Hoppin' John

Mildly spicy bean-and-rice combos are a classic in the South. Most agree that this manner of cooking was brought here by African slaves. No one knows how Hoppin' John got its name, but it's fun to guess. Variations of the original dish use pigeon peas, or yellow-eyed beans. On New Year's Day, the custom is to serve it to bring everyone good luck. Goes well with Mess O' Greens.
Great New Year's dish.
Yield 12 servings
Ingredients

2 cups dried black-eyed peas
2 tablespoons olive oil
2 large onion, coarsely chopped
2 stalk celery, chopped
2 carrot, diced
4 large garlic cloves, minced
8 scallions, chopped
2 smoked ham hock, split if large
2 teaspoons cayenne
2 bay leaf
1 cup finely chopped fresh flat-leaf parsley
2 teaspoons salt, to taste

rice:
2 cups long-grain white rice (Texmati or basmati)
2 teaspoons fresh thyme leaves
1/4 teaspoon ground cloves
2 teaspoons cayenne

garnish bowls (optional):
6 tablespoons chopped plum tomatoes
6 tablespoons chopped scallions
4 tablespoons chopped fresh parsley
4 tablespoons chopped fresh mint leaves


1 Rinse and pick over black-eyed peas. Put them in a large pot and fill with water up to 2 inches over the top of the peas. Bring to boil over moderate high heat. Boil 2 minutes, remove from heat, cover, and let stand for 1 hour. Drain.
2 Heat large Dutch oven and warm oil. Cook onion, celery, carrots, and garlic until slightly soft, about 4 minutes. Add scallions, cooking 2 more minutes.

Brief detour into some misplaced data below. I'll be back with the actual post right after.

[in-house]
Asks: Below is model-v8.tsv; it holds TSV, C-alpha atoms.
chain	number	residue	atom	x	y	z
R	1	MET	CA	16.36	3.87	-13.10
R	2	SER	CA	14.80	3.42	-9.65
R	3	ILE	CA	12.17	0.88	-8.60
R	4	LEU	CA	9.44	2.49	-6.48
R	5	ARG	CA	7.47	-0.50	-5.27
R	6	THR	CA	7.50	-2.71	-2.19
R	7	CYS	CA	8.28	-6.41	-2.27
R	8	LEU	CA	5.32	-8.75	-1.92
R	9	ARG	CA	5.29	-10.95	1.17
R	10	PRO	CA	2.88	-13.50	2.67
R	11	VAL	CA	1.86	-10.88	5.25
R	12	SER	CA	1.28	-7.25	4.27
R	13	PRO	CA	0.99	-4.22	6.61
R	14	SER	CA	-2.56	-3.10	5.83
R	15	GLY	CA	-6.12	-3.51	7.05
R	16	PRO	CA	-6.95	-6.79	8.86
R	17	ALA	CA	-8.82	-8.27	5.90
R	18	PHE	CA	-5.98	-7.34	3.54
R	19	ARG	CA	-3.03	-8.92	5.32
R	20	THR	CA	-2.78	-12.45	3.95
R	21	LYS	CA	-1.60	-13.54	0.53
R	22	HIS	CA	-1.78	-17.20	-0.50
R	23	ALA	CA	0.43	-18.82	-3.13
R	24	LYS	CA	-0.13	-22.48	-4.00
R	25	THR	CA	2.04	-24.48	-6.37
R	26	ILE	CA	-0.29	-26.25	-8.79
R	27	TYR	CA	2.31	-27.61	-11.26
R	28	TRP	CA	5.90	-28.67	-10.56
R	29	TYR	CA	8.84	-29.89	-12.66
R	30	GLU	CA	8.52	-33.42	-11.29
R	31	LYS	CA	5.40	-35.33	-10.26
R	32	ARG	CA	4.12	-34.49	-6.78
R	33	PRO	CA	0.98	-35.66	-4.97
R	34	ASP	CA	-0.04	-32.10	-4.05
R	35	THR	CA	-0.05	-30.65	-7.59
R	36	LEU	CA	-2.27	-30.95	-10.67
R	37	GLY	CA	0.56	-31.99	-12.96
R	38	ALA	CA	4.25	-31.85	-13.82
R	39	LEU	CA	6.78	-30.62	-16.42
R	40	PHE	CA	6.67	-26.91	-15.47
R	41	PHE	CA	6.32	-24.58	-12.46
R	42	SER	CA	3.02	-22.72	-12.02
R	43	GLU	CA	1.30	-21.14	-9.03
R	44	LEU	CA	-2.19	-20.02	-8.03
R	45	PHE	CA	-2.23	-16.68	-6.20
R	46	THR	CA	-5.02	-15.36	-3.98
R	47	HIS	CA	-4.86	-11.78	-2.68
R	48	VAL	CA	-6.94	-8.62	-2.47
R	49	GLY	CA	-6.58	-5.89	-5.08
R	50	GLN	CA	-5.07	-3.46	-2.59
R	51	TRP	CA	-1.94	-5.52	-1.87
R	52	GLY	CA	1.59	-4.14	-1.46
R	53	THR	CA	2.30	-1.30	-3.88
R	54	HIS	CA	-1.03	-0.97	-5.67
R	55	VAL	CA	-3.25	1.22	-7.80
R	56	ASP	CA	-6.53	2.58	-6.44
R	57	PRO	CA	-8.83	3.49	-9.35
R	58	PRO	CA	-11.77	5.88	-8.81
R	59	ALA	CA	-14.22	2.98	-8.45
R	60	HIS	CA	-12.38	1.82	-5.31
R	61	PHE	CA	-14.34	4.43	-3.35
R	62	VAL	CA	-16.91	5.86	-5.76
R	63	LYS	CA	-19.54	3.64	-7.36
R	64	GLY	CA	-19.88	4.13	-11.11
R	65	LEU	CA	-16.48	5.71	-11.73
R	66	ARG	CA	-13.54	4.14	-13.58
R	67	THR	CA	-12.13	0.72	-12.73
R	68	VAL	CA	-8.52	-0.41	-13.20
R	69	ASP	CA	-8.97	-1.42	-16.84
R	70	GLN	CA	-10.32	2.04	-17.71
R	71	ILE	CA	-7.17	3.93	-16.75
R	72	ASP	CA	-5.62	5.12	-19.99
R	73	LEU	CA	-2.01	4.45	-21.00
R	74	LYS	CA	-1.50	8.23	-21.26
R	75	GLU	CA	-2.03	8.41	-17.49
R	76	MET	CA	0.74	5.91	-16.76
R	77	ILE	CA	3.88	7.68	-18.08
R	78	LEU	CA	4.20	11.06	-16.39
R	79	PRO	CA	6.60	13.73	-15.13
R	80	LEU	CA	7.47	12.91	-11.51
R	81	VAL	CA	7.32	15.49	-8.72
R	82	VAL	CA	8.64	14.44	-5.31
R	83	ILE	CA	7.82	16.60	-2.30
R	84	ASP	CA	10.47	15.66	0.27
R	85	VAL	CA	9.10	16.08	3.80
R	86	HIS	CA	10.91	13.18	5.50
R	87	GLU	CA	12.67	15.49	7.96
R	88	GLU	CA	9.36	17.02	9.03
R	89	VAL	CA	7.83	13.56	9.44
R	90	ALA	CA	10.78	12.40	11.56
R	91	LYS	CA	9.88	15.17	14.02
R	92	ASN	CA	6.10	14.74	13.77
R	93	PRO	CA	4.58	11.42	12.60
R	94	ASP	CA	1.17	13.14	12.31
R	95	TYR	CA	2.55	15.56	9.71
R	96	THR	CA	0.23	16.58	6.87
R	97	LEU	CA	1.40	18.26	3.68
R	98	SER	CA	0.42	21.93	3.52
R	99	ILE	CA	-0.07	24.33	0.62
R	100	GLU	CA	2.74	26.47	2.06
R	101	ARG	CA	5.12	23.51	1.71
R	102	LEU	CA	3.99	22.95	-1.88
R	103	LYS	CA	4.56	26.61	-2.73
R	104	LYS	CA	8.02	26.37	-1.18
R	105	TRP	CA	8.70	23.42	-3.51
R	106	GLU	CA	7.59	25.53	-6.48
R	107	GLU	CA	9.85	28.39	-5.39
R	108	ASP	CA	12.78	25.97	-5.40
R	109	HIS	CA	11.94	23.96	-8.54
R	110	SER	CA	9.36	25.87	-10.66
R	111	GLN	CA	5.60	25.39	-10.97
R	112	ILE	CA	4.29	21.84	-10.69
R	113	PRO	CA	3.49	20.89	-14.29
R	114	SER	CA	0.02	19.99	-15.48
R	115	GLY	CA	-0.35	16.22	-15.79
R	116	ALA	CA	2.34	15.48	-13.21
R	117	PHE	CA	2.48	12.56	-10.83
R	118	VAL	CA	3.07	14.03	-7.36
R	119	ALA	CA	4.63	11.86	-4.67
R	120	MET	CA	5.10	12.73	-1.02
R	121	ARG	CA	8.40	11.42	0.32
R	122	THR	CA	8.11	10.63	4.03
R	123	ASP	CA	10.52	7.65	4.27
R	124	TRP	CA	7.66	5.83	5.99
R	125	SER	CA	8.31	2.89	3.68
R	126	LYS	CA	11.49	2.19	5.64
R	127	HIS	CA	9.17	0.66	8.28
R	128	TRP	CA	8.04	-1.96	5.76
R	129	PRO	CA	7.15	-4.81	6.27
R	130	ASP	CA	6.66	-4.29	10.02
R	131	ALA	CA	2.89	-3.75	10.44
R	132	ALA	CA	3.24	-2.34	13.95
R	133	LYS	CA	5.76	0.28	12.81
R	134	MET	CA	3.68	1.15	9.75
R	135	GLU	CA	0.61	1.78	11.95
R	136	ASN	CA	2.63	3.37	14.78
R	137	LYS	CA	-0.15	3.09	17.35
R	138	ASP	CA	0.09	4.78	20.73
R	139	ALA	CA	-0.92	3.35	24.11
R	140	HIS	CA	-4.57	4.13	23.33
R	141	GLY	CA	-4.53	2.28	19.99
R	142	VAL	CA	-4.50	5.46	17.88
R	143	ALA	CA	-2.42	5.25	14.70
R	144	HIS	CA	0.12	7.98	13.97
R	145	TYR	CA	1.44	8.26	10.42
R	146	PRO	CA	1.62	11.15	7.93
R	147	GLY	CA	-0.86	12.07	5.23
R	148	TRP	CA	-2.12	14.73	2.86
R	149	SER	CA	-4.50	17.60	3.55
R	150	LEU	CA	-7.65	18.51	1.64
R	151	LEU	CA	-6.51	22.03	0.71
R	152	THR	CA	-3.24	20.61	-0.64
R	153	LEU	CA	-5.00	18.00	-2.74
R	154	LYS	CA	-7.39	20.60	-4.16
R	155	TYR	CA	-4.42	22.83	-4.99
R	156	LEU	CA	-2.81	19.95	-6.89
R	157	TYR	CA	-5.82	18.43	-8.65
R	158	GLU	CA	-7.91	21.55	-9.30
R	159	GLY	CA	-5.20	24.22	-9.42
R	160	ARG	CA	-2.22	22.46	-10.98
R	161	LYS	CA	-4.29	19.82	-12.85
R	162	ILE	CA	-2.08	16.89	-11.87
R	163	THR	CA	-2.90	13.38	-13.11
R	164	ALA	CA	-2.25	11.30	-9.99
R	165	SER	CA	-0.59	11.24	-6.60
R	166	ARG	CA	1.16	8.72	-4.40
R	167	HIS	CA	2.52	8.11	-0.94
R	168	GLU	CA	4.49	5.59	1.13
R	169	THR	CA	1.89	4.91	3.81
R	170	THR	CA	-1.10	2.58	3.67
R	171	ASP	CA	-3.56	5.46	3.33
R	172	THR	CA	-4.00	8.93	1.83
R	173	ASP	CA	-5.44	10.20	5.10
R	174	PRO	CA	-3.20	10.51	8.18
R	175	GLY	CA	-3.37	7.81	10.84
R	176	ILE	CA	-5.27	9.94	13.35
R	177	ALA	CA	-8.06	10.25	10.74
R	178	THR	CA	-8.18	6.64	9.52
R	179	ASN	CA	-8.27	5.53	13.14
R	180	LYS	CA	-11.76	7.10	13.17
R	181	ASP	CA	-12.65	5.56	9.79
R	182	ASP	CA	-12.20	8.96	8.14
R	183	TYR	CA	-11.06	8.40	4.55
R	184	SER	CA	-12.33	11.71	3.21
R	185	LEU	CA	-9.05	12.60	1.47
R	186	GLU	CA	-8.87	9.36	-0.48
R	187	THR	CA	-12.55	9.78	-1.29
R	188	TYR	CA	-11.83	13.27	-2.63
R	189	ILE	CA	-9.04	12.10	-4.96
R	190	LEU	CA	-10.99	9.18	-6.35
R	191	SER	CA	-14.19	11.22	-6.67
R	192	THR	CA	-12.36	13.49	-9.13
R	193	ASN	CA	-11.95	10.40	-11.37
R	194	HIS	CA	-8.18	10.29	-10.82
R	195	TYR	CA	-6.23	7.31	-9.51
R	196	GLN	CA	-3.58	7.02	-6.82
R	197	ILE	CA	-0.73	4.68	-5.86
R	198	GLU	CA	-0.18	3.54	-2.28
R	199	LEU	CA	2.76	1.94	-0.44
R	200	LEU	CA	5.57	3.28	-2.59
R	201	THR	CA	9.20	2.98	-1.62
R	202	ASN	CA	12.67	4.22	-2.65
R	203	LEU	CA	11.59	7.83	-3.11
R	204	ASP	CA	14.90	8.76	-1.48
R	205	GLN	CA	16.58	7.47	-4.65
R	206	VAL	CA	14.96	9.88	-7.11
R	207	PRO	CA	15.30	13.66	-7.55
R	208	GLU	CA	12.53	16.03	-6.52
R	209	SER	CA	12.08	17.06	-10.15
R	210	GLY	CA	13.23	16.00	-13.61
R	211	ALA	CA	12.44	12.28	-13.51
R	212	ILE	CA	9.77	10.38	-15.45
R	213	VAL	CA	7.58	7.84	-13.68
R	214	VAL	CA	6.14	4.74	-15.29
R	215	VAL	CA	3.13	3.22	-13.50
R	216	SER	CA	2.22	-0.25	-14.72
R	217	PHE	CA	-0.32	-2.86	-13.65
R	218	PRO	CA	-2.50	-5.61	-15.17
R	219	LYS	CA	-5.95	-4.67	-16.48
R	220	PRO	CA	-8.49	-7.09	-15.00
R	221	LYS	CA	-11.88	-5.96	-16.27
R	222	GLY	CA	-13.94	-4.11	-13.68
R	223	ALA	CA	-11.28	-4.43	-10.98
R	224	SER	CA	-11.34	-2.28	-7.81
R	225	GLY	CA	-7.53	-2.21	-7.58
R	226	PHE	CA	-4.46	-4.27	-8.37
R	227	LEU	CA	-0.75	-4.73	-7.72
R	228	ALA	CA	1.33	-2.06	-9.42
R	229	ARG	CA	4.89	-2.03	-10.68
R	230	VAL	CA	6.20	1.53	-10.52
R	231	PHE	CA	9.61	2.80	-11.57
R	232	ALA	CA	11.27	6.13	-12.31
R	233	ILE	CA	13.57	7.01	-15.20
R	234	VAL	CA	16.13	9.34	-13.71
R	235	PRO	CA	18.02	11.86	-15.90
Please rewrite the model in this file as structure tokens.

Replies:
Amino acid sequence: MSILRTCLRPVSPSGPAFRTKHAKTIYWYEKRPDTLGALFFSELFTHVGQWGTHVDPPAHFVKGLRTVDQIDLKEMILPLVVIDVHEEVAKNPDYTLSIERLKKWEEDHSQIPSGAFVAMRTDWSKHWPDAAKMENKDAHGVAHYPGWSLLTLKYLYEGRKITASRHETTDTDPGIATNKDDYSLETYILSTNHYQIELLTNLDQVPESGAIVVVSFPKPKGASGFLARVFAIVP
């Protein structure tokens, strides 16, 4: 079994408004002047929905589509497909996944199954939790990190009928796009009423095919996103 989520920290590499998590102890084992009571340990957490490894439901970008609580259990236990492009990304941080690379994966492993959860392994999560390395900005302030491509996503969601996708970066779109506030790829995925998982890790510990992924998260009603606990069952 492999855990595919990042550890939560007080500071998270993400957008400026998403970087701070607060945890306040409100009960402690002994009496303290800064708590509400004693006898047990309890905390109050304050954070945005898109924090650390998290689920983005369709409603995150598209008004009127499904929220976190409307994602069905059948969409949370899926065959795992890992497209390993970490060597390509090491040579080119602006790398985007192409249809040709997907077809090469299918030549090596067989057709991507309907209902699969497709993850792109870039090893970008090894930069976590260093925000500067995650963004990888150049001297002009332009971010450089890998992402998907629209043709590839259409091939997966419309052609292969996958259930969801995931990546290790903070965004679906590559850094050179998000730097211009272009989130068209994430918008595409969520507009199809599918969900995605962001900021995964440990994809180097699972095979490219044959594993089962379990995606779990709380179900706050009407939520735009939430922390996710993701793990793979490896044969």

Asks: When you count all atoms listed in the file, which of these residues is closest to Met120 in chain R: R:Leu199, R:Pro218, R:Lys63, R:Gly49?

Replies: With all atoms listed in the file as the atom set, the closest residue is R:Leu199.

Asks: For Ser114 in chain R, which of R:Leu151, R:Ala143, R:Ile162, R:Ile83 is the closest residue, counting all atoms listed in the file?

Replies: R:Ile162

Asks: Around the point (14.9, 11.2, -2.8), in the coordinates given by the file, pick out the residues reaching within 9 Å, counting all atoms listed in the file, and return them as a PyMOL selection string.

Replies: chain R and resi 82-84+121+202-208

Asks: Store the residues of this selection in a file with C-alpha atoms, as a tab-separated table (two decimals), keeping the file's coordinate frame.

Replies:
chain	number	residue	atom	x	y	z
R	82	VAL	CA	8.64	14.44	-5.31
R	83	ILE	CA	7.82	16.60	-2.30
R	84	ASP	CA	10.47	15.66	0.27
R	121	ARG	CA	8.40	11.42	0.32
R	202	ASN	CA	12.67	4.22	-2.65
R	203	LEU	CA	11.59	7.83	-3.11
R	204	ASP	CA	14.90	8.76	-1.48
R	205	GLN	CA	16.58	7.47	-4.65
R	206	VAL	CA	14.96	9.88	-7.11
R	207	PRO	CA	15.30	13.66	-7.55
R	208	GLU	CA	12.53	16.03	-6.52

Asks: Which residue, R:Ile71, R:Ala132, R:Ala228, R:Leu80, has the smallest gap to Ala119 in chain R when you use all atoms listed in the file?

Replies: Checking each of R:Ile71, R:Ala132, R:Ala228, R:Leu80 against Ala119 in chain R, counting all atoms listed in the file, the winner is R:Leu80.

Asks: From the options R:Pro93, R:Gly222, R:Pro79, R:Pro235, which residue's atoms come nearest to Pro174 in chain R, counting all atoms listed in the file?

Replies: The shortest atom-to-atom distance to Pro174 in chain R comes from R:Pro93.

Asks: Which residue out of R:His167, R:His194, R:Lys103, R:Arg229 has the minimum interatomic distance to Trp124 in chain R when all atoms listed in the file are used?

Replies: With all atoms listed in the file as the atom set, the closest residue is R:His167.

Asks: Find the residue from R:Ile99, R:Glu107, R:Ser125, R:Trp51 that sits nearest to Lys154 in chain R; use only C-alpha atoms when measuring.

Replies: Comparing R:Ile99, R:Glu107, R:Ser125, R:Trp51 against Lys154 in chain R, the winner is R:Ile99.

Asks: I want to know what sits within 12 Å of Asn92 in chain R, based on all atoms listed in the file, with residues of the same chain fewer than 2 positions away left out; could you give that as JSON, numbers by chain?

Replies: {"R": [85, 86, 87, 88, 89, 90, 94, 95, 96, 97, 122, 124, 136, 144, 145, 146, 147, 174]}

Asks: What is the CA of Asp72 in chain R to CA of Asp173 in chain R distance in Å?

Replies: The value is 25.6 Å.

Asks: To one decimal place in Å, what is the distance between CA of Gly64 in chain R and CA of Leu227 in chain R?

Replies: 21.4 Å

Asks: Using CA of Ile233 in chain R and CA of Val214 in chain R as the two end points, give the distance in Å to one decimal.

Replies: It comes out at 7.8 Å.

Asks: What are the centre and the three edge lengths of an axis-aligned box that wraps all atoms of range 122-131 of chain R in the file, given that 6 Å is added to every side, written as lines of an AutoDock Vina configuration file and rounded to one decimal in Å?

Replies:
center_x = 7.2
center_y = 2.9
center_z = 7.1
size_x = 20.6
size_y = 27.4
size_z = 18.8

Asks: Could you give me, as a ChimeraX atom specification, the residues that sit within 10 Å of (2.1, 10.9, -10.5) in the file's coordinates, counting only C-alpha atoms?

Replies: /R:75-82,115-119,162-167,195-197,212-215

3 Add 3 1/2 cups water, ham hock, cayenne pepper, bay leaf, and peas to the Dutch oven. Bring mixture to a boil, skim the surface to remove any fat. Cook at a bare simmer until peas become tender but not mushy, about 2 hours.
4 With all the fat skimmed, add parsley. Taste to check if salt needs to be added to pot. Remove ham hocks. Pull off meat and dice between 1/4 to 1/2 inches. Discard ham bones. Add meat back to the beans.
5 Cook rice separately, adding 1/2 teaspoon of thyme leaves, ground cloves, and 2 cups water. Stir gently and cover, simmering over very low heat for 20 minutes or until the rice is done. Remove bay leaf. At last minute, add remaining 1/2 teaspoon of thyme and cayenne.
6 Serve everything steaming hot. Guests can fill a bowl of their own Hoppin' John, debating on the efficacy of rice and garnishes.

notes NOTES
If you don't want all the hoo-hah, try simpler authentic vegetarian Black-Eyed Peas.
On Ham Hocks: not all hog knuckles are alike. For fatter and meatier joints 6 to 7 inches long, have the butcher cut it in thirds.

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